Americans Voting from Overseas

Voting is a fundamental right for U.S. citizens, unfortunately some overseas individuals don’t know how to go about the process and so their voices may go unheard.  It’s election year.  The upcoming election will include the presidency, 34 seats in the U.S. Senate, all 435 seats in the House of Representatives.

According to the FVAP website, elections are managed individually by 50 states, U.S. territories (American Samoa, Guam, Puerto Rico and the U.S. Virgin Islands) and the District of Columbia. This means there are 55 different sets of rules for overseas citizens, but the basic steps are simple.

  1. Register to vote via Absentee Ballot Request before your state’s deadline.
  2. If available request your ballot to be emailed to you.
  3. Follow up to make sure you are registered.
  4. Ballots are sent out 45 days before the election.    If you are registered and don’t receive your ballot, you can vote via a Federal Write In Ballot 
  5. Don’t wait to submit your ballot. Be proactive to make sure your ballot is received before your state’s deadline.

Do you know when your state’s primary is?  Many state primary election dates are fast approaching, so now is the time for overseas voters to make sure they are registered to vote via an Absentee Ballot.

Presidential primaries:  Feb. 11 in New Hampshire, and Feb. 29 in South Carolina. There’s still time to register to vote and request an absentee ballot for the New Hampshire primary.   Jan. 30, was the deadline for registering to vote in the Democratic primary in South Carolina. But you can submit the Federal Post Card Application (FCPA) in South Carolina by email, online, fax, as well as by mail.  Absentee Ballot Request allows you to register to vote as well as request an absentee ballot, which is the case for all states. In South Carolina, registered voters can request their absentee ballot by the day of the primary, Feb. 29; the deadline for returning the ballot by email, fax or mail is 7 p.m. Feb. 29.

Dates for states’ primaries vary. Another 15 states and America Samoa will have primary elections on March 3.   For your state’s required registration and ballot return information, NASS (National Association of Sec of States)  created a nonpartisan website by state election officials to help eligible voters figure out how and where to go vote.   https://www.nass.org/can-I-vote

States’ deadlines also vary for registering to vote and requesting ballots. Many states allow you to return ballots via email, online, fax, voter phone app, or regular mail.  If your state requires you to return ballots to local election officials by mail, you can do so through international mail, professional courier service, or you may also drop off completed voting materials at your local US Embassy.  Their diplomatic pouch provides free mail service from embassies and consulates to a U.S. sorting facility.  You will need to place your ballots in postage paid return envelopes or in envelopes bearing sufficient U.S. postage, in order for them to be delivered to the proper local election authorities.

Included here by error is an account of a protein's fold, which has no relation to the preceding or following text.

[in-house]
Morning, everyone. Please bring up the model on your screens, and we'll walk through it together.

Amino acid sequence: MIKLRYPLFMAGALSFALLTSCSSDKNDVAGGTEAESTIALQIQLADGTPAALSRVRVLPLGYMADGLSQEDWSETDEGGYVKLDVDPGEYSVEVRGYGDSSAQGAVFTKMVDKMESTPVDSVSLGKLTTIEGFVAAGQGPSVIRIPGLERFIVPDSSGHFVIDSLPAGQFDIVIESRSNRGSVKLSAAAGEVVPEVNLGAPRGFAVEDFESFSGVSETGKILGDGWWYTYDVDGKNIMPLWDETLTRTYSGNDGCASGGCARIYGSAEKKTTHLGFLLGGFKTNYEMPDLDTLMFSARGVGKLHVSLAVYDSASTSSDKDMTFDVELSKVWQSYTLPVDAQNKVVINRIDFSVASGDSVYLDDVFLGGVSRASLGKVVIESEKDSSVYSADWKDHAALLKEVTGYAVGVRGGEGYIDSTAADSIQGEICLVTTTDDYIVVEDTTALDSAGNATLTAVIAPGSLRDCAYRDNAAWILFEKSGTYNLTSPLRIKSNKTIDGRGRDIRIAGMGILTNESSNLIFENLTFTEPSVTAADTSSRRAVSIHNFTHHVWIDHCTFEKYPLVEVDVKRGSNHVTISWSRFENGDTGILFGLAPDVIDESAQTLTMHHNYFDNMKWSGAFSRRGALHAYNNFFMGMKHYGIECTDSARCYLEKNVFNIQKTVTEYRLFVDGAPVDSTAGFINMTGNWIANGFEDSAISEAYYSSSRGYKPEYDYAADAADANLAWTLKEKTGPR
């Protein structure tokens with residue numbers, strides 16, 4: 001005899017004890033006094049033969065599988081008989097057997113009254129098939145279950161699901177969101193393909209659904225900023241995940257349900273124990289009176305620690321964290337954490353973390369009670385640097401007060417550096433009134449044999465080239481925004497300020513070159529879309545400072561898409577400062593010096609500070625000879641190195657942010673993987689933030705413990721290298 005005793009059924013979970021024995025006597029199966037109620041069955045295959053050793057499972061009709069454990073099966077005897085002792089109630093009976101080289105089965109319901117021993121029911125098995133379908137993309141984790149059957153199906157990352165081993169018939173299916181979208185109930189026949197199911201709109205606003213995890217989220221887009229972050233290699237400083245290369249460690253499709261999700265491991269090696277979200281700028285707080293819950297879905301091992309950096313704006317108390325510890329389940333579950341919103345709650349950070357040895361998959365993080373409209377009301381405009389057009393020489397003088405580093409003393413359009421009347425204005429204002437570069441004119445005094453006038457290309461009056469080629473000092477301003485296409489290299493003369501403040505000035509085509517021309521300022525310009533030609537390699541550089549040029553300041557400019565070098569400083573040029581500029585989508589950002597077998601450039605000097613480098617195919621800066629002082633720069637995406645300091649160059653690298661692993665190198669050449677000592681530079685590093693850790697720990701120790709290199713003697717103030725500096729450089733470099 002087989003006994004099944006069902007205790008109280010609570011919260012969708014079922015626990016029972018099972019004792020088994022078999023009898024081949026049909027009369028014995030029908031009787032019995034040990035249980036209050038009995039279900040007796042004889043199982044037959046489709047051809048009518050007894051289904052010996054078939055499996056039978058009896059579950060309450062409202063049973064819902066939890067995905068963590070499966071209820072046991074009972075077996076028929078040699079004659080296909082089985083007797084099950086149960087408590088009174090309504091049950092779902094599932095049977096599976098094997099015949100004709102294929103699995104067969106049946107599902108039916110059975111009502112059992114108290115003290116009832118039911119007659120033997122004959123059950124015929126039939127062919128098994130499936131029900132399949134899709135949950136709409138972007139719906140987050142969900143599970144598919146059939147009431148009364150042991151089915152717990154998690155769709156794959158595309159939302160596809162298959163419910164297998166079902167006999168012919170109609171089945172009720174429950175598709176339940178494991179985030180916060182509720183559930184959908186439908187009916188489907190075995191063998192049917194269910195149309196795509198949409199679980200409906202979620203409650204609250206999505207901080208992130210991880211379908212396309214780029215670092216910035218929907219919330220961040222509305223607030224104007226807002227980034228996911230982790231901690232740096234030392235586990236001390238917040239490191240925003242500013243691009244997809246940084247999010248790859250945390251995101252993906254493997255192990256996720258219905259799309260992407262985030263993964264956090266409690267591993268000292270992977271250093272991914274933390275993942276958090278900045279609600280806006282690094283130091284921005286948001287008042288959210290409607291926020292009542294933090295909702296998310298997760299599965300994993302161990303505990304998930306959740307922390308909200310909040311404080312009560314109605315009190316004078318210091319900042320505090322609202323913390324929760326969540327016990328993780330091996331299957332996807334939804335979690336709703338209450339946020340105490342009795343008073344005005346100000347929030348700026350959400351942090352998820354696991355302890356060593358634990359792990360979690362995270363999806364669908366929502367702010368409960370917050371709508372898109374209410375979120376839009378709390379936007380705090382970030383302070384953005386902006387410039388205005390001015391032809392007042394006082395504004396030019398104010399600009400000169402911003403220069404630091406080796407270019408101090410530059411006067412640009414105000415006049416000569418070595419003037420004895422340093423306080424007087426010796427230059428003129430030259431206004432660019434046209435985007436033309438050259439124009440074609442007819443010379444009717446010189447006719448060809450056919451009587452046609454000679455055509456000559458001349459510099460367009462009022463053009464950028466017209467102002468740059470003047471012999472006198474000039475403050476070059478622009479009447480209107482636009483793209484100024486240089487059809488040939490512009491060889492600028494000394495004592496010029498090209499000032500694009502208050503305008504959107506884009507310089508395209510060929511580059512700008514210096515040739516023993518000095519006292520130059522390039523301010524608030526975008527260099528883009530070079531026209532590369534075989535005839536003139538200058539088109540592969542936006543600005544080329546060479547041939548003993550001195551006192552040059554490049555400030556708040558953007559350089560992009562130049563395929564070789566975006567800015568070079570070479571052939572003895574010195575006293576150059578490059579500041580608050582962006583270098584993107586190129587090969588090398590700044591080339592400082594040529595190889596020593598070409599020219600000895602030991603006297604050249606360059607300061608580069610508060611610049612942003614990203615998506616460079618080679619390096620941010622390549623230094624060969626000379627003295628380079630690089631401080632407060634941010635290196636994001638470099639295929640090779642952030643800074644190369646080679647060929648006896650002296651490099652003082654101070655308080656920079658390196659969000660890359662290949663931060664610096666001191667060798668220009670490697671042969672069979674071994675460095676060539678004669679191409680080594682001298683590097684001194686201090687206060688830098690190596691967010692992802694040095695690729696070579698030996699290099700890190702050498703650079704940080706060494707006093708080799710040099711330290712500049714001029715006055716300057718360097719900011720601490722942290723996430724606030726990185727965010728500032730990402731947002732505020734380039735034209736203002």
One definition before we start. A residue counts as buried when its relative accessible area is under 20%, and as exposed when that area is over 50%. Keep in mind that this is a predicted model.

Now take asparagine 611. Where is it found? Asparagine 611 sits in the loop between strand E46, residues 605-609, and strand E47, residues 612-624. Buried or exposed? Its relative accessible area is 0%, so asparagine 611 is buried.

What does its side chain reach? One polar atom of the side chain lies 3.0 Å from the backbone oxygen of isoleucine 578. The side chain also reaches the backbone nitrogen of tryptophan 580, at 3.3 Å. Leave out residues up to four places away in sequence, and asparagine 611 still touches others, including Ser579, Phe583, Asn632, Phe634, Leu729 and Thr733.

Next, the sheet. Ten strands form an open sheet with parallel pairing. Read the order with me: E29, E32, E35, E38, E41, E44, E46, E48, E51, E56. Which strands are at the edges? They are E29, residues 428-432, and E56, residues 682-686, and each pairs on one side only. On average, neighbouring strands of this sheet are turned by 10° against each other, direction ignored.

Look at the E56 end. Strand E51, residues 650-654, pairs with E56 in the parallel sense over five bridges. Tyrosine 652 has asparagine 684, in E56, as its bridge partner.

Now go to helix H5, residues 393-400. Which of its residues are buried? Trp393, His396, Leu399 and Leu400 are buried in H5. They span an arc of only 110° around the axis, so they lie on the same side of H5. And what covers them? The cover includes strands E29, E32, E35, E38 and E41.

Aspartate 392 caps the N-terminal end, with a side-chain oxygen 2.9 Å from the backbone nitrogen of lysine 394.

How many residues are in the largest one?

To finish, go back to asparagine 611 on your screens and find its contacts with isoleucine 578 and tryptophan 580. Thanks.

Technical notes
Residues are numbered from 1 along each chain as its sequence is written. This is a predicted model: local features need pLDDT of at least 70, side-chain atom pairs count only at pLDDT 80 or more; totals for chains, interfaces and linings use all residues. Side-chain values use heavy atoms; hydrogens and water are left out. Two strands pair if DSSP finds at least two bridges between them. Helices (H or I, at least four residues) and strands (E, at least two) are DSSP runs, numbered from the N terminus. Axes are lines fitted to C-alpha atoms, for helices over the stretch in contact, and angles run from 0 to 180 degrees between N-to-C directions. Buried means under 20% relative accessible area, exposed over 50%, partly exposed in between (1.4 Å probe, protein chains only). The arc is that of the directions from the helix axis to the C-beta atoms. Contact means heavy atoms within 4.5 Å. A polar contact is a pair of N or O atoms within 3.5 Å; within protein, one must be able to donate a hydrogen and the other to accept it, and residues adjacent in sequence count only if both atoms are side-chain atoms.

The U.S. Embassy in Jerusalem has provided the following information for Americans living in Israel.  If using the diplomatic pouch, in Jerusalem, ballots can also be dropped off at the U.S. Embassy Jerusalem, American Citizen Services section from 8:00AM to 3:00PM Monday to Friday, or during otherwise scheduled appointments. In Tel Aviv, ballots can be dropped off to the Embassy Branch Office Tel Aviv, American Citizen Services section from 8:00AM to 11:00AM and 1:00PM to 3:00PM Monday to Friday, or during otherwise scheduled appointments. All visitors to the Embassy are subject to security screening and you will not be permitted to bring electronic devices, including cell phones, inside the facility.

It can take up to four weeks for mail to reach its destination if sent by an embassy or consulate via diplomatic pouch.  All overseas U.S. citizens are advised to submit their forms and ballots accordingly.

If you miss your state’s primaries, you can still vote in the November general election. To make sure you can vote in the  November election, it is suggested you request your Absentee Ballot no later than July or August to allow plenty of time for processing, and time to return their “voted” ballot.

Even if you voted in previous federal elections, you should send in your Absentee Ballot Request early this year, to ensure you receive the absentee ballot for all the federal elections, and to make sure your information is current.  If you don’t know if you are registered, it is easy to find out your voting status.   https://www.nass.org/can-I-vote/voter-registration-status

YOUR VOTE IS YOUR VOICE.  By voting you can hire or fire elected officials.   By not voting, you are allowing other to speak for you.   Freedom gives us choices.  Speak or be silent.

About the Author
Andee Goldman moved to Israel in 2006 from Las Vegas, Nevada. Since 2008, she has volunteered helping American overseas to vote in America's Federal Elections. YOUR VOTE IS YOUR VOICE https://www.nass.org/can-I-vote Andee is available to answer your voting questions at votingfromabroad@gmail.com As an Israeli, she has become a history buff and enjoys sharing her experience and travels around Israel.
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